What little most of us know of Cleopatra has come to us through fiction and Hollywood production. Oddly enough, the “truth” about her comes from a variety of sources that have varying levels of reliability and often contradict each other. In this, she will always be a bit of a mystery, her life and motives open to interpretation. But for a story that is far more complex and engaging than simply the tale of a seductress who charmed two of the most recognized men of the Roman Empire (Julius Caesar, Mark Antony), I must highly recommend Cleopatra: A Life by Pulitzer Prize-winning author Stacy Schiff.
Last summer Cleopatra graced the pages of National Geographic and I was compelled to find the traveling Cleopatra museum exhibit’s nearest stop (Milwaukee!). And as way leads on to way, someone reading my blog post on the matter, recommended the book.
The critical words of Cicero and Octavius, historians such as Plutarch, Dio, Appian, and Josephus – just a few of the sources drawn upon for the book – all have their own takes on the woman and the events that surrounded her. And as everyone writes with their biases and to audiences with their own political inclinations, even what has been written must be judged carefully. Cleopatra has been viewed as a scandalous woman using sex as a weapon to manipulate powerful men who play victims in the story; even some of her contemporaries believed this (as they had to for they were writing for Romans, and how else does one explain how “superior” Roman men end up sharing the wealth and glory with not just a non-Roman, but (gasp) a woman!)
Cleopatra: A Life, however, is a more complex portrait of a clever, powerful woman who reinstates herself as the leader of Egypt after being driven out of Alexandria by her brother, Ptolemy XIII. There’s plenty of plotting, deal making, murder, war, and incestual royal marriages. She was multi-lingual, the first Ptolemaic ruler to actually speak the language of the people she ruled. Some may think of her as the woman who brought the end to the Egyptian empire. But in reality that empire had already come apart, and for her brief life and times as a ruler, Cleopatra brought it back to its glory until its demise at the hands of the Romans. (No small opponent. And even that turning point in history could have gone quite a different direction had Antony been victorious over his rival Octavius.)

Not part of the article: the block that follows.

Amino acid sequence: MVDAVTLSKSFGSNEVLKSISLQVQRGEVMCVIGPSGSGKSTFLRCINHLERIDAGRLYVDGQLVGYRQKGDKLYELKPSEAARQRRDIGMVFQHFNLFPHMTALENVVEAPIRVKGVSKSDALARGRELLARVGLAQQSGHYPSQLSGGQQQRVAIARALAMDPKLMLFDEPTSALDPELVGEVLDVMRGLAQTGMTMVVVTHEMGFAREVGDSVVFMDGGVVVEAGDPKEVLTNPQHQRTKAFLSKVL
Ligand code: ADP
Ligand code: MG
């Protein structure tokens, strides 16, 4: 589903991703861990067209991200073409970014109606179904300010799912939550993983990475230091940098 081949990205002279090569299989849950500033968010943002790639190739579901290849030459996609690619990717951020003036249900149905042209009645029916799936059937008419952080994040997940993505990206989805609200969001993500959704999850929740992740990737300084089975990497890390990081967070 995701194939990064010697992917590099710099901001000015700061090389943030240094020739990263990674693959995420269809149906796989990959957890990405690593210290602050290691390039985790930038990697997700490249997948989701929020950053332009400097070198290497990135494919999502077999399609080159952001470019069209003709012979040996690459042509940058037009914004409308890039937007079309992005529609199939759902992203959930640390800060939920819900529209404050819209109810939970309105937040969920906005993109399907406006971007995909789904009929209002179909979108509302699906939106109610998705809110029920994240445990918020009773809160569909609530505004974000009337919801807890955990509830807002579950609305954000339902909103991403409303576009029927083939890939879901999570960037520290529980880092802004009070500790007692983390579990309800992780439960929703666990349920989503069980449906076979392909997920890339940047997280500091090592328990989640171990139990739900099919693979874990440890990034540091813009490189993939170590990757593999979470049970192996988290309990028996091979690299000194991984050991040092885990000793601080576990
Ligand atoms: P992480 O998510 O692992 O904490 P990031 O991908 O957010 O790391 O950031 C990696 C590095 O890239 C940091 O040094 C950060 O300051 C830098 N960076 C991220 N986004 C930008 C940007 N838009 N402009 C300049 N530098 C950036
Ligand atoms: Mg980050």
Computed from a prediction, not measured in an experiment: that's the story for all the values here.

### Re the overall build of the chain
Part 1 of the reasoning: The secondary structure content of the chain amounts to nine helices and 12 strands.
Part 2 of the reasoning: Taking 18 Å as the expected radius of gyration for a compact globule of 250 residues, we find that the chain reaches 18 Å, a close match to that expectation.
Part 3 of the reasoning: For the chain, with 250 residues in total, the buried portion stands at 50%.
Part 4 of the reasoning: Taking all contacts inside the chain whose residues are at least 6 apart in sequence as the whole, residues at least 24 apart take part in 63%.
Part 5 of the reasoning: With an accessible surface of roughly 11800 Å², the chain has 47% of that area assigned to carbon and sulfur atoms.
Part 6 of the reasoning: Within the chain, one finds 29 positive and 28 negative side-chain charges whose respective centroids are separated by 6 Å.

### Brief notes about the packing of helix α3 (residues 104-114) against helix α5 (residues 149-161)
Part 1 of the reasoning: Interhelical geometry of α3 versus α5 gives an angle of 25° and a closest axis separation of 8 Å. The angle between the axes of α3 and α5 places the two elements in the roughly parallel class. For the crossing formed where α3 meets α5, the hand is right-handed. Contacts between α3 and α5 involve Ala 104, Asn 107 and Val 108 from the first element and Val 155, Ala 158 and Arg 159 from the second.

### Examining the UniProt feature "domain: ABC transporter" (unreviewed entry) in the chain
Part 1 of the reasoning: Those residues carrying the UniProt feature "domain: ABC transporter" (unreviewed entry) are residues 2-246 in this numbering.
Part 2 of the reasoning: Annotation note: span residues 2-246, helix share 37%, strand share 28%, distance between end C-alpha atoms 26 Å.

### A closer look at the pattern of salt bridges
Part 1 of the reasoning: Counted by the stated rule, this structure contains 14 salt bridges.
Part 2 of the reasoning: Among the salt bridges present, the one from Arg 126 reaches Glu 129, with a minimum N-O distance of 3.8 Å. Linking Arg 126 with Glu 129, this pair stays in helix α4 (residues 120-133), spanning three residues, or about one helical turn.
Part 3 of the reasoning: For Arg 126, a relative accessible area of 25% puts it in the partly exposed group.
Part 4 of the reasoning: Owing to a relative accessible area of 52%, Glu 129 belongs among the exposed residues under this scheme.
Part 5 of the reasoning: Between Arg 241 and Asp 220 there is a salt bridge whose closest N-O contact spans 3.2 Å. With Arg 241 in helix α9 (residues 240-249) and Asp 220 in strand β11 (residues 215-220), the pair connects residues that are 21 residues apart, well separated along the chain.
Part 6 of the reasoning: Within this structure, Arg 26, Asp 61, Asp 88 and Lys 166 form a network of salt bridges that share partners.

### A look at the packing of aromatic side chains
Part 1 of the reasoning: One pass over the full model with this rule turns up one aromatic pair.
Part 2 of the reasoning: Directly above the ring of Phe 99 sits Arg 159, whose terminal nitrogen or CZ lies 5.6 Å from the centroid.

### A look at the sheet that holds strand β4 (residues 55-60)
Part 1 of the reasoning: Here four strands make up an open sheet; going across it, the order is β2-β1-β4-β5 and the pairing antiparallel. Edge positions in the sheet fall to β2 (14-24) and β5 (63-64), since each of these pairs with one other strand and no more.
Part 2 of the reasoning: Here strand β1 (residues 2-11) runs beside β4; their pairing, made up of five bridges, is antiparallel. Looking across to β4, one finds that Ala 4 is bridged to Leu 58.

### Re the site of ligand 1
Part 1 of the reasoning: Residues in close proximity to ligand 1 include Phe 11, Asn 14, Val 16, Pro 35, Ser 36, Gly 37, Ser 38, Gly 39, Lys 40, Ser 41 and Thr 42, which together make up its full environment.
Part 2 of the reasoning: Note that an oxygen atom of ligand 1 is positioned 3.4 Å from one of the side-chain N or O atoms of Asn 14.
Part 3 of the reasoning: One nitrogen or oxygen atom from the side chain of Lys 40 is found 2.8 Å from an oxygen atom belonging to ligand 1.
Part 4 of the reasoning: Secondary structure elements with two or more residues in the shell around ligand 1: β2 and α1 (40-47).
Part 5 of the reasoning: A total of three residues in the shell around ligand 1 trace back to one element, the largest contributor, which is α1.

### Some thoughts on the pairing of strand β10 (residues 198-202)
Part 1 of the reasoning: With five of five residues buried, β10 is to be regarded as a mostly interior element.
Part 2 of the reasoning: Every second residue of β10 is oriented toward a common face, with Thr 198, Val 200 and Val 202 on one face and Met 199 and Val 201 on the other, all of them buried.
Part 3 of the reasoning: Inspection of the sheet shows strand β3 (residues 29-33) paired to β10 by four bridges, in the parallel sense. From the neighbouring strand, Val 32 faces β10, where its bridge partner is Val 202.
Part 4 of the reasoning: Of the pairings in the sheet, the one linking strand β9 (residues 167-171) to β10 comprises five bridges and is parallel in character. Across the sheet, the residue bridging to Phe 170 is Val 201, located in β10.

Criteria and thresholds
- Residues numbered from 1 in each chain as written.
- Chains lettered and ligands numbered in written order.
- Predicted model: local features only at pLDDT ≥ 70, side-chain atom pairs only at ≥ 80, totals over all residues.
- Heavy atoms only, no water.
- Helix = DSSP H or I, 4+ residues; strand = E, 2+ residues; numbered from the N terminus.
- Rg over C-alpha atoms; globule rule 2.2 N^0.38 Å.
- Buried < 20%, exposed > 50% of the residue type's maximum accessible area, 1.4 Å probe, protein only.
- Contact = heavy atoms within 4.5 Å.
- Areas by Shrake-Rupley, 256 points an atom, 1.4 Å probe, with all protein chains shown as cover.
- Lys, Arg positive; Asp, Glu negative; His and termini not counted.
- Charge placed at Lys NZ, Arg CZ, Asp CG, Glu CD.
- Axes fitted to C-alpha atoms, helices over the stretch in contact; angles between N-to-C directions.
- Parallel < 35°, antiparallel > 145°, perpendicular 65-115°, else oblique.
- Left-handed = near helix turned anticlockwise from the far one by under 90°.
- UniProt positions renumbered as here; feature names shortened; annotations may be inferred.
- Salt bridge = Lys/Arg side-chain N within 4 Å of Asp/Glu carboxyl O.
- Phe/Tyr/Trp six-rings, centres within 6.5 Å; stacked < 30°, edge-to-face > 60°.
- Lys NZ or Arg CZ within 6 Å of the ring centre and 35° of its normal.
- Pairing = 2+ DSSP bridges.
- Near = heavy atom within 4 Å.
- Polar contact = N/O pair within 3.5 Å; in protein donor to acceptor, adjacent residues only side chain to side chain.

Schiff makes it clear what is certain, likely, possible, or simply unknowable. She tells Cleopatra’s story with the pacing and excitement of a plot-driven page turner, and engages the reader with wit and playfulness, a clever turn of phrase, or even an ironic statement or three. This is hard to do as we all know how the story ends. Or we think we do, anyway.
Along the way we also get an enlightening comparison of the Hellenic Egyptian empire and its culture (most notably its attitudes toward and treatment of women) with that of the Romans (the Empire of Testosterone). Plus, the stories of Cleopatra’s two famous Roman consorts get a strong telling.
You don’t have to be a history buff to enjoy a book like this. Schiff is a great storyteller, and Cleopatra is a subject we can’t seem to get enough of.
One of my Favorite Reads of 2011!
Get a copy or download it for Kindle.
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